Posts Tagged "pakistan"

Roundup: Gains and Losses in Glacial Economies

Posted by on Jul 4, 2016 in All Posts, Featured Posts, Roundup | 0 comments

Roundup: Gains and Losses in Glacial Economies

Spread the News:ShareEach week, we highlight three stories from the forefront of glacier news. Why Are People Stealing and Selling Glaciers? From CARE2: A recent report describes a region in Asia in which people travel up to a glacier and remove ice blocks from it. The report states “Along the Chitral River in Pakistan, some locals are stealing and selling the glaciers that are melting in their backyard. Residents of the small town Chitral are not necessarily taking the glaciers because they want to — but rather as a matter of surviving dire energy and water shortages.” To learn more about the region’s energy and water crisis, click here.   Glaciers’ monitoring: Germany approves €6 million grant From The Express Tribune: “Germany has approved a grant of six million euros to monitor over 5,000 melting glaciers in Pakistan. The German government through its KfW Development Bank will provide the amount to the Water and Power Development Authority (Wapda) for a project ‘Glacial monitoring for energy and water security in Pakistan’ for telemetric equipment in lower stretches of glaciated areas.” Learn more about the grant and proposed project here.   Greenland’s wooden Icefjord Center will offer sweeping views of the glacial landscape From INHABITAT: “The Icefjord Center is an undulating wooden structure designed to offer spectacular views of a famous glacier in Greenland’s Sermermiut Valley. Conceived by Danish studio Dorte Mandrup Arkitekter, the building bridges the landscape while replicating the feeling of hiking across a fjord. When it opens, the center will provide space for residents, researchers and tourists to learn about climate change.” See more breathtaking photos of the Center and learn about its construction here. Spread the...

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Photo Friday: Studying Microbes on Glacier

Posted by on Jun 3, 2016 in Featured Posts, Images, Uncategorized | 0 comments

Photo Friday: Studying Microbes on Glacier

Spread the News:ShareAny avid hiker or mountaineer would agree life as a scientist studying microbes on glaciers is not too bad. Just look the business trips they get to make. Italian scientists Dr. Andrea Franzetti, environmental microbiologist, and his colleague Dr. Roberto Ambrosini, ecologist, took a trip to Baltoro Glacier in Pakistan to collect data and bacteria samples for their latest work on supraglacial microbes. Temporary office (base camp) on Baltoro Glacier, Pakistan with Gasherbrum I in the background. K2, second highest mountain in the world, shot from Baltoro Glacier. Dr. Roberto Ambrosini taking measurements in cryoconite hole on Baltoro Glacier with Mitre Peak in the background. Checking instrumentation on Baltoro Glacier Spread the...

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Roundup: Modeling Floods, Water Security, and Farmland

Posted by on Feb 8, 2016 in All Posts, Featured Posts, News, Roundup | 0 comments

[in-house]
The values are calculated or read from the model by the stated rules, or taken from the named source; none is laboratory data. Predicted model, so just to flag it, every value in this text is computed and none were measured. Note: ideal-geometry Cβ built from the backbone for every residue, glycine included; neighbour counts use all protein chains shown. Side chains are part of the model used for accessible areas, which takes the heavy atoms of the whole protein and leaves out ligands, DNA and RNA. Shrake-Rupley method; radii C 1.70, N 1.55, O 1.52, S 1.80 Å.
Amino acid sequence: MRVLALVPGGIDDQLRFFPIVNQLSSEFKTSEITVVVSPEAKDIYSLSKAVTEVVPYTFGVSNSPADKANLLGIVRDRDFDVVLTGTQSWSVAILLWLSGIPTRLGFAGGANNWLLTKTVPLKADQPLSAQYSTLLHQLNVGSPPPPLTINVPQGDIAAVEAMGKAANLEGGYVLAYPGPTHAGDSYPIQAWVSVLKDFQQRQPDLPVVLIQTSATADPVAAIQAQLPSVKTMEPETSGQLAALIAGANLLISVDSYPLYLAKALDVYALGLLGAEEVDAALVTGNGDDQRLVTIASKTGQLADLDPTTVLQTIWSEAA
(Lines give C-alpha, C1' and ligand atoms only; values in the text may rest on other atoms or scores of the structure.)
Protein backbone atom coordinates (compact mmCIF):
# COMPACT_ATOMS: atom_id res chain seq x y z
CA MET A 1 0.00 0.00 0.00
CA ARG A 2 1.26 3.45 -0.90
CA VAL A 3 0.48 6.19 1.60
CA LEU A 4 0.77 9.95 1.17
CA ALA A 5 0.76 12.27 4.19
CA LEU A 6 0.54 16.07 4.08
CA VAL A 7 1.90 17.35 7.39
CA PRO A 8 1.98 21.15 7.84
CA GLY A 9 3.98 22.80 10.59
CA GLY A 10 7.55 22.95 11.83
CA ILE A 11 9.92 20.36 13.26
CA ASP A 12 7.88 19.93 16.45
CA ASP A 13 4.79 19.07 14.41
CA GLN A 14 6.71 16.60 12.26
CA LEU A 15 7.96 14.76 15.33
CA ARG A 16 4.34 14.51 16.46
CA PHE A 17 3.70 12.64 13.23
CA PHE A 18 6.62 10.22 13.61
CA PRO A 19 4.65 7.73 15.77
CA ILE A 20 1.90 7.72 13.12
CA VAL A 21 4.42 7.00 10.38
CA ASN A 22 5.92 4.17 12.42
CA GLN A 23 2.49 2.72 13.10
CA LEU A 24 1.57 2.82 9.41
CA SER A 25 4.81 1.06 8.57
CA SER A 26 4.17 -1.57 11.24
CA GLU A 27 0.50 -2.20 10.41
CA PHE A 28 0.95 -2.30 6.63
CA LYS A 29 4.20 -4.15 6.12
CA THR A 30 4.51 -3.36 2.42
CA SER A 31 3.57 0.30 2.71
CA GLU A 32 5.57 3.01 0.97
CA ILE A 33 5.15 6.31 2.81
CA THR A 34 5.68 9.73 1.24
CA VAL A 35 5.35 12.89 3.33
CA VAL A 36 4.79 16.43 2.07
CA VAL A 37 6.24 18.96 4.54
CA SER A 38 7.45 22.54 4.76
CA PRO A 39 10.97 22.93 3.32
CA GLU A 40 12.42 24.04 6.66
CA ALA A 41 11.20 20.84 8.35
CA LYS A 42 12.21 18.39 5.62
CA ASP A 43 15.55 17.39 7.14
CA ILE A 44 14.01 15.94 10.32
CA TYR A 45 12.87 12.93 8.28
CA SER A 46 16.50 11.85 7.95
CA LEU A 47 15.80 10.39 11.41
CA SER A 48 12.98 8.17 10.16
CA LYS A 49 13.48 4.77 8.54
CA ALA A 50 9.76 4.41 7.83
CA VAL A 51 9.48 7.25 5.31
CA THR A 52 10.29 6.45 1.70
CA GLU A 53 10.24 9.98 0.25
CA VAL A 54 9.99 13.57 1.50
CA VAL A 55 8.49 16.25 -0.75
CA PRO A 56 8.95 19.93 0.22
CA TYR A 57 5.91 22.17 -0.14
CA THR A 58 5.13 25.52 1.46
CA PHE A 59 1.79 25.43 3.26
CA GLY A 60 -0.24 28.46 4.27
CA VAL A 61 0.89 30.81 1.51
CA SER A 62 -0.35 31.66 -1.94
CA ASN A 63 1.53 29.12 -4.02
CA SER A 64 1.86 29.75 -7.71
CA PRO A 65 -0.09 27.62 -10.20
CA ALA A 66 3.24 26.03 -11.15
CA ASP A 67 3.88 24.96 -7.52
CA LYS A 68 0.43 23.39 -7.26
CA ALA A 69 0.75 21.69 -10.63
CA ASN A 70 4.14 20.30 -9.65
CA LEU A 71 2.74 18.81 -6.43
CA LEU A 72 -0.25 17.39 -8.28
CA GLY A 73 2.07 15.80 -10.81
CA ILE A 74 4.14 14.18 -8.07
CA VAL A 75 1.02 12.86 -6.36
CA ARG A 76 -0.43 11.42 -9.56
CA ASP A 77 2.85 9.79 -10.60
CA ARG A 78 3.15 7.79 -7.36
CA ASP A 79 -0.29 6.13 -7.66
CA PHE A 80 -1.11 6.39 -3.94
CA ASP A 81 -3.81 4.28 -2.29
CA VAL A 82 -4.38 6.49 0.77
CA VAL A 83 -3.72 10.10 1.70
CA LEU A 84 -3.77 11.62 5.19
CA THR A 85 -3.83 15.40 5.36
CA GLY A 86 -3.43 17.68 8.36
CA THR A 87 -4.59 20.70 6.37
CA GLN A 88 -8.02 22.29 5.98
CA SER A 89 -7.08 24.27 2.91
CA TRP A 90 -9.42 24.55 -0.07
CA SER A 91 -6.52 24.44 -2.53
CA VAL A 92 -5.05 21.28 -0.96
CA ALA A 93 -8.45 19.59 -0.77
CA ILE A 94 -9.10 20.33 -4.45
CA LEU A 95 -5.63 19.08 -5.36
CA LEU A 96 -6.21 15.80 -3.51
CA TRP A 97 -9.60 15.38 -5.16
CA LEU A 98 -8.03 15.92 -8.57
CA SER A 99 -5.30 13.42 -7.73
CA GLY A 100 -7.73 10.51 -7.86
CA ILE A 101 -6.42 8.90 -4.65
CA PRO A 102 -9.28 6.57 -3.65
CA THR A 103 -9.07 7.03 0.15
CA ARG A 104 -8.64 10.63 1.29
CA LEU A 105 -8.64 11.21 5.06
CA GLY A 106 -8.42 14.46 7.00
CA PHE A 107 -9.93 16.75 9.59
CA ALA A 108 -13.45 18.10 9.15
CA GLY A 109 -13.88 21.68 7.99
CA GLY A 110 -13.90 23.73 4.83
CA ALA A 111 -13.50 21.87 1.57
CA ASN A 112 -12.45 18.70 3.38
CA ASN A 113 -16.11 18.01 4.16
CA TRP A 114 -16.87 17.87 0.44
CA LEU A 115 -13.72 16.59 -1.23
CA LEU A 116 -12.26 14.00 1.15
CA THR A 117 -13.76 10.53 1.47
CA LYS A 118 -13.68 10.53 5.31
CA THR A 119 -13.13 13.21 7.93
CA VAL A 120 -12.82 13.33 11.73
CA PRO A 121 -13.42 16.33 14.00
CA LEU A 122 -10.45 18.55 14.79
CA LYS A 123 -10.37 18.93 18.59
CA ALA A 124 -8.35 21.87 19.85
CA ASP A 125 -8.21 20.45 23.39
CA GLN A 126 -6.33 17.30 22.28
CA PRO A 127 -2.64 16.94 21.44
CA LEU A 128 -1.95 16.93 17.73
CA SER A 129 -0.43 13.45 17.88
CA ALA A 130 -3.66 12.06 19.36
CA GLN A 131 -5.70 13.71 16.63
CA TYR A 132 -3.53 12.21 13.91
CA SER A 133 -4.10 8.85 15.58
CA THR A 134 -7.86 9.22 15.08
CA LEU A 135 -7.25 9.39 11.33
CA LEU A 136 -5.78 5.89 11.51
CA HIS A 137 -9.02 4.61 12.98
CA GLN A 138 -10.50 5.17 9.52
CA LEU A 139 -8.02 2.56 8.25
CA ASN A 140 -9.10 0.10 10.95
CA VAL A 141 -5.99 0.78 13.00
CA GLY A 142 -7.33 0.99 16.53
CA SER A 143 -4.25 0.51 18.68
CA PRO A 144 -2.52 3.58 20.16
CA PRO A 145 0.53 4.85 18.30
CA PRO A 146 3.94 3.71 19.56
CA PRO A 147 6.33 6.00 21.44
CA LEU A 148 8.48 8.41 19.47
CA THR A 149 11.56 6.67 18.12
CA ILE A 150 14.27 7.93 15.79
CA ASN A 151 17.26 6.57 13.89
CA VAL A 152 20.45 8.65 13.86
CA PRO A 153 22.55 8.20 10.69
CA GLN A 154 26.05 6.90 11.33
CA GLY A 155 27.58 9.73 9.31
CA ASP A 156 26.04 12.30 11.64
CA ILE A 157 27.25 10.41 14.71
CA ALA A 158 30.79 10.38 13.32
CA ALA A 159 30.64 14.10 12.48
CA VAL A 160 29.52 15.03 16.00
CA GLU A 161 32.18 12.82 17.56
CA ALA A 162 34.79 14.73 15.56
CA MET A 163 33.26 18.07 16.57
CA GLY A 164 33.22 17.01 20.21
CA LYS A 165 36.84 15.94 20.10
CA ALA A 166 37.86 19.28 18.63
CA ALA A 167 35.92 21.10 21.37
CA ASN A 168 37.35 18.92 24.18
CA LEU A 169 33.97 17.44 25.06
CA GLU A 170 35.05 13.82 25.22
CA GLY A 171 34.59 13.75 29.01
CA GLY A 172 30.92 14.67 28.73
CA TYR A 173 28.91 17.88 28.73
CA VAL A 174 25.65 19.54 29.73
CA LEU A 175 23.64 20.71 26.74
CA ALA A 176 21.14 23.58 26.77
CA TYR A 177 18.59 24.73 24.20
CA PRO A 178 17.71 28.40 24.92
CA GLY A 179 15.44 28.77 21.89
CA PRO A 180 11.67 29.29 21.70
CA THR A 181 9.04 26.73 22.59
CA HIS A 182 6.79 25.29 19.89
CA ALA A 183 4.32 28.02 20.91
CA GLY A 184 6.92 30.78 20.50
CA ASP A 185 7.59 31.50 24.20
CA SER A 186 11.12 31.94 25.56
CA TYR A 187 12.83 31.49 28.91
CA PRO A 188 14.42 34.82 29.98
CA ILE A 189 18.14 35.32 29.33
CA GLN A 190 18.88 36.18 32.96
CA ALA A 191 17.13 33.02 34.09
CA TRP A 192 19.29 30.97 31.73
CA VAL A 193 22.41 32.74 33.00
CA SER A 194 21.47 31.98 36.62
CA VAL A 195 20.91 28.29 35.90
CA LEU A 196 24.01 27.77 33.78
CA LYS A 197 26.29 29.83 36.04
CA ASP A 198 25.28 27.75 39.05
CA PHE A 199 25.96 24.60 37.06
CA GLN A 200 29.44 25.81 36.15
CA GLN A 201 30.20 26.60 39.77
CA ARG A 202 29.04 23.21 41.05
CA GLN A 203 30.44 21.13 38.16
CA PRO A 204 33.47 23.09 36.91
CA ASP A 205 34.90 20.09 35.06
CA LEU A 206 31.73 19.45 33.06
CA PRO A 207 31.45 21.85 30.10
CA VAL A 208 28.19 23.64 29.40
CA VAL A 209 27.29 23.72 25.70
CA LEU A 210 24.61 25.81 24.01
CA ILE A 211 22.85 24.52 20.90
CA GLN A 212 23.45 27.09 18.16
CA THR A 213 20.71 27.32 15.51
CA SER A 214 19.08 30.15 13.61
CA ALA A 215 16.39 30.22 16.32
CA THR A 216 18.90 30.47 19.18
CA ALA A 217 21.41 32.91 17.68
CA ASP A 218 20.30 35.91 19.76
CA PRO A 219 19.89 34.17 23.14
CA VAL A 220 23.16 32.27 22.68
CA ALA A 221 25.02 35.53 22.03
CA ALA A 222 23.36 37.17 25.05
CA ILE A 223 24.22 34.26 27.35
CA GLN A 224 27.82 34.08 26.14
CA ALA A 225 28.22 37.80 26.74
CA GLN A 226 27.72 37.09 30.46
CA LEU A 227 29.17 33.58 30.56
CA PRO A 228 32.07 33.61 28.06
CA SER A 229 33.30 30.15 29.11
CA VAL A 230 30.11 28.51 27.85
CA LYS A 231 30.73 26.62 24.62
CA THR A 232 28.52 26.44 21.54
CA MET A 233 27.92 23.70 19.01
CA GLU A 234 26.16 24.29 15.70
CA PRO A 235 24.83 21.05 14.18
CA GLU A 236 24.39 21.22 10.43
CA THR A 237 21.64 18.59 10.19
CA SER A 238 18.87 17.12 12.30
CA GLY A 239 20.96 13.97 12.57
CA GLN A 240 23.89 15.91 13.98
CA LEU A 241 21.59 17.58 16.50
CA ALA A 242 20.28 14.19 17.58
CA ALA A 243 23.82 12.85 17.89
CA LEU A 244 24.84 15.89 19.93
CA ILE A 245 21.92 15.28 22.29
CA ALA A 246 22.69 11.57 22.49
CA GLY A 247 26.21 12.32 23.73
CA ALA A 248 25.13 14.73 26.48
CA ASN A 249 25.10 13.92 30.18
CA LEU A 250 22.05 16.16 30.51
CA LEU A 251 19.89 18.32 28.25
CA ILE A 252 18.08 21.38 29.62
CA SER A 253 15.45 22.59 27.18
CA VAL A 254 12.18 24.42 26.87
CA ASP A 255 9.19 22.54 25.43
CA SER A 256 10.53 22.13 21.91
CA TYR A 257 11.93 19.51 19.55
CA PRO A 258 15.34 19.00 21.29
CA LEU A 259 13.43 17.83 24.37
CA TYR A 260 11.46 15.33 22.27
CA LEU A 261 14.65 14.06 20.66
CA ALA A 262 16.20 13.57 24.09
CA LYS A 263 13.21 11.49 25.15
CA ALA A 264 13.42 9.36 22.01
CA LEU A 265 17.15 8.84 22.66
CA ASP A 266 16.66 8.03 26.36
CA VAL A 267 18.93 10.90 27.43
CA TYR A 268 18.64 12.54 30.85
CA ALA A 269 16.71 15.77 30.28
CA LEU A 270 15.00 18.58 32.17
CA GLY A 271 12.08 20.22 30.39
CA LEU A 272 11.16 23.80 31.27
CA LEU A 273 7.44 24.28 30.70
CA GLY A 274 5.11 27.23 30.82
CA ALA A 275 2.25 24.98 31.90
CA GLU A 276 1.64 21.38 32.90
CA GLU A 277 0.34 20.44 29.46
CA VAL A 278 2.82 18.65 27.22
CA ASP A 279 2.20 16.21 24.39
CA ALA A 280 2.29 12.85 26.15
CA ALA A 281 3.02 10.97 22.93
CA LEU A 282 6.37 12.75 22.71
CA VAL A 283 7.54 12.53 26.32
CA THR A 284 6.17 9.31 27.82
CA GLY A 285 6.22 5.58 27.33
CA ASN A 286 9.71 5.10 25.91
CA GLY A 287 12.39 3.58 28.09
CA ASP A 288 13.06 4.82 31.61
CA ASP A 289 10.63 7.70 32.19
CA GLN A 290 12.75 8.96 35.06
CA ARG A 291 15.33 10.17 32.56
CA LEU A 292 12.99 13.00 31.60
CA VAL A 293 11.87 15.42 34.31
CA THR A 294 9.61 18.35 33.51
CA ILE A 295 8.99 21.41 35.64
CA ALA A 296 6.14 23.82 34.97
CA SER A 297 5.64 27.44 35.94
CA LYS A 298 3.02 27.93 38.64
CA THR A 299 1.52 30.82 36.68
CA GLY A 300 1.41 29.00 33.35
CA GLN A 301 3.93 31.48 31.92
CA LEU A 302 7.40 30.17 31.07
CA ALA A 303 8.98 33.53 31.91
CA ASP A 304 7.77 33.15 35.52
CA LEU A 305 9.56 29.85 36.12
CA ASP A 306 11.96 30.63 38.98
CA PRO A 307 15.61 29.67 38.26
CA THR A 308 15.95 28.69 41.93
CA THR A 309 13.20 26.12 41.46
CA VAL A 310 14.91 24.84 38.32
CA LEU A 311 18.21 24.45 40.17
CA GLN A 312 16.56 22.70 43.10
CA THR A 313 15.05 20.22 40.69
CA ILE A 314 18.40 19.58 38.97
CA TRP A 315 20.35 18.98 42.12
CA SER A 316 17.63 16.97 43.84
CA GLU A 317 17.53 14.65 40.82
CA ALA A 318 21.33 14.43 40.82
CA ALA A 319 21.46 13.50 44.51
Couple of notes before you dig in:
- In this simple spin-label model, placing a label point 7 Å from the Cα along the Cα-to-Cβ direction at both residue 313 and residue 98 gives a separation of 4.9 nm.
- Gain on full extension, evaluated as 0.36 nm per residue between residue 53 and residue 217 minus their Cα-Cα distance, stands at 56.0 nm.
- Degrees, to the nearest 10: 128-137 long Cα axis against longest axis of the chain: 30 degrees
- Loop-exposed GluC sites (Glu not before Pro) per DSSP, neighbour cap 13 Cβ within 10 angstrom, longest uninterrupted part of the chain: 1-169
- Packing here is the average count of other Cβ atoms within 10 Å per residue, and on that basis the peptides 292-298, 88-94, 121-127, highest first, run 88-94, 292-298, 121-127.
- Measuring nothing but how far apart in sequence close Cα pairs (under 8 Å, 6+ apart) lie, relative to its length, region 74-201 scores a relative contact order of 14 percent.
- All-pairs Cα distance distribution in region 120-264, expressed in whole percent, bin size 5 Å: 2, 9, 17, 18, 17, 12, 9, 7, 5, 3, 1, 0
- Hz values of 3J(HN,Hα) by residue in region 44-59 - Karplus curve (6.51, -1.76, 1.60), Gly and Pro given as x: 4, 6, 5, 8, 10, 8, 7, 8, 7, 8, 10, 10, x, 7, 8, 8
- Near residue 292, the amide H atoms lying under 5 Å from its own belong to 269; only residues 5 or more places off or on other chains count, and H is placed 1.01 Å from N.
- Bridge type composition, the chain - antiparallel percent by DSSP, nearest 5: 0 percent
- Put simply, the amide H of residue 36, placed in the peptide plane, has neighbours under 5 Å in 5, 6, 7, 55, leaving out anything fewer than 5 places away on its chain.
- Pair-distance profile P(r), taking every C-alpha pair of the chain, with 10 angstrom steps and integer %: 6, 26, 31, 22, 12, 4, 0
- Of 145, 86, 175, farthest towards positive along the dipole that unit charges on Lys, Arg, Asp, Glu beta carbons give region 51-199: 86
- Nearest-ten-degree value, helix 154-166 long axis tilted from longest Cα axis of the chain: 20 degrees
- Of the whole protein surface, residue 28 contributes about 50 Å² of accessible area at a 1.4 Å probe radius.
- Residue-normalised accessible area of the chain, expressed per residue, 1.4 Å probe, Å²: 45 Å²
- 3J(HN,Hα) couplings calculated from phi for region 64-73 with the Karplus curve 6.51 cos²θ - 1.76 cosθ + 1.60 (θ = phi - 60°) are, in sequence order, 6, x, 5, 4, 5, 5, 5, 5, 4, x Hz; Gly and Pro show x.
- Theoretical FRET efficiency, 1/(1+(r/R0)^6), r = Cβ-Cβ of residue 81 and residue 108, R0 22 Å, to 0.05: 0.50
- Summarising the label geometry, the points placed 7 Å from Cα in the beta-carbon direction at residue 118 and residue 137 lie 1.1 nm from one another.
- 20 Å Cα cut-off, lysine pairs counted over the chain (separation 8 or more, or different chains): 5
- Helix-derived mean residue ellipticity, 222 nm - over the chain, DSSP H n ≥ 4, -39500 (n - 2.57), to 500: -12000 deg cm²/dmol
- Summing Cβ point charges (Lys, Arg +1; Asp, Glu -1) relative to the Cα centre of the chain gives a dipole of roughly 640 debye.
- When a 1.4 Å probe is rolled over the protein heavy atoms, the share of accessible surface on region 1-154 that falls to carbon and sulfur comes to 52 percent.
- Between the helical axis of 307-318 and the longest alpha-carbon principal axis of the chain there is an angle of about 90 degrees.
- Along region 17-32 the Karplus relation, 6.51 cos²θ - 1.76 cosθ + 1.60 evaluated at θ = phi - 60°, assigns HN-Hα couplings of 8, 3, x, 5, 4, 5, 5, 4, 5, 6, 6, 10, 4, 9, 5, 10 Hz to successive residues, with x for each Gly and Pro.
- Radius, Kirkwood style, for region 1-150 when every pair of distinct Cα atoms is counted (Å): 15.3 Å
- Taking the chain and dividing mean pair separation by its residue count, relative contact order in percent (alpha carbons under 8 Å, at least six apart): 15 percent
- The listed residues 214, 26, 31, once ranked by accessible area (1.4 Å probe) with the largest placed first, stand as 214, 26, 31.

Roundup: Modeling Floods, Water Security, and Farmland

Spread the News:ShareEach week, we highlight three stories from the forefront of glacier news.  Modeling glacial lake outburst flood process chain: the case of Lake Palcacocha and Huaraz, Peru From Hydrology and Earth System Sciences: “One of the consequences of recent glacier recession in the Cordillera Blanca, Peru, is the risk of Glacial Lake Outburst Floods (GLOFs) from lakes that have formed at the base of retreating glaciers. GLOFs are often triggered by avalanches falling into 5 glacial lakes, initiating a chain of processes that may culminate in significant inundation and destruction downstream. This paper presents simulations of all of the processes involved in a potential GLOF originating from Lake Palcacocha, the source of a previously catastrophic GLOF on 13 December 1941, killing 1800 people in the city of Huaraz, Peru.” To learn more about the research, click here. Forum reveals new possibilities for water-induced disaster management in the Koshi basin From ICIMOD: “Top officials and experts from the Koshi region gathered in Patna, Bihar on Thursday for a two-day forum to discuss solutions around water security and water-induced disasters in the Koshi basin. Coming after years of devastating floods in southern Nepal and Bihar, the forum emphasised regional cooperation and collecting evidence-based data that can be translated into policy.” To learn more about the research, click here. The Changes in Regional Structure and Land Use Related to External Factors in Hussaini Village, Northern Pakistan From Mapping Transition in the Pamirs: “This study describes changes to regional structure and the use of farmlands in Hussaini village, Pakistan, caused by two events. The first event was the opening of the Karakoram Highway in 1978 that introduced commodities and a money market economy. The enhanced transportation increased access to markets, which spurred a transition from subsistence wheat cultivation and vegetable crops to potato cash crops. The second event was the catastrophic landslide in Atabad which occurred on 4 January 2010 that submerged part of the Karakoram Highway and created a dammed lake. The loss of the highway halted the village’s engagement in the wider agricultural market, and farmlands in the village reverted to traditional agriculture. The changes caused by these outside factors created confusion and disturbance and challenged the villagers to quickly adapt for survival.” To learn more about the research, click here. Spread the...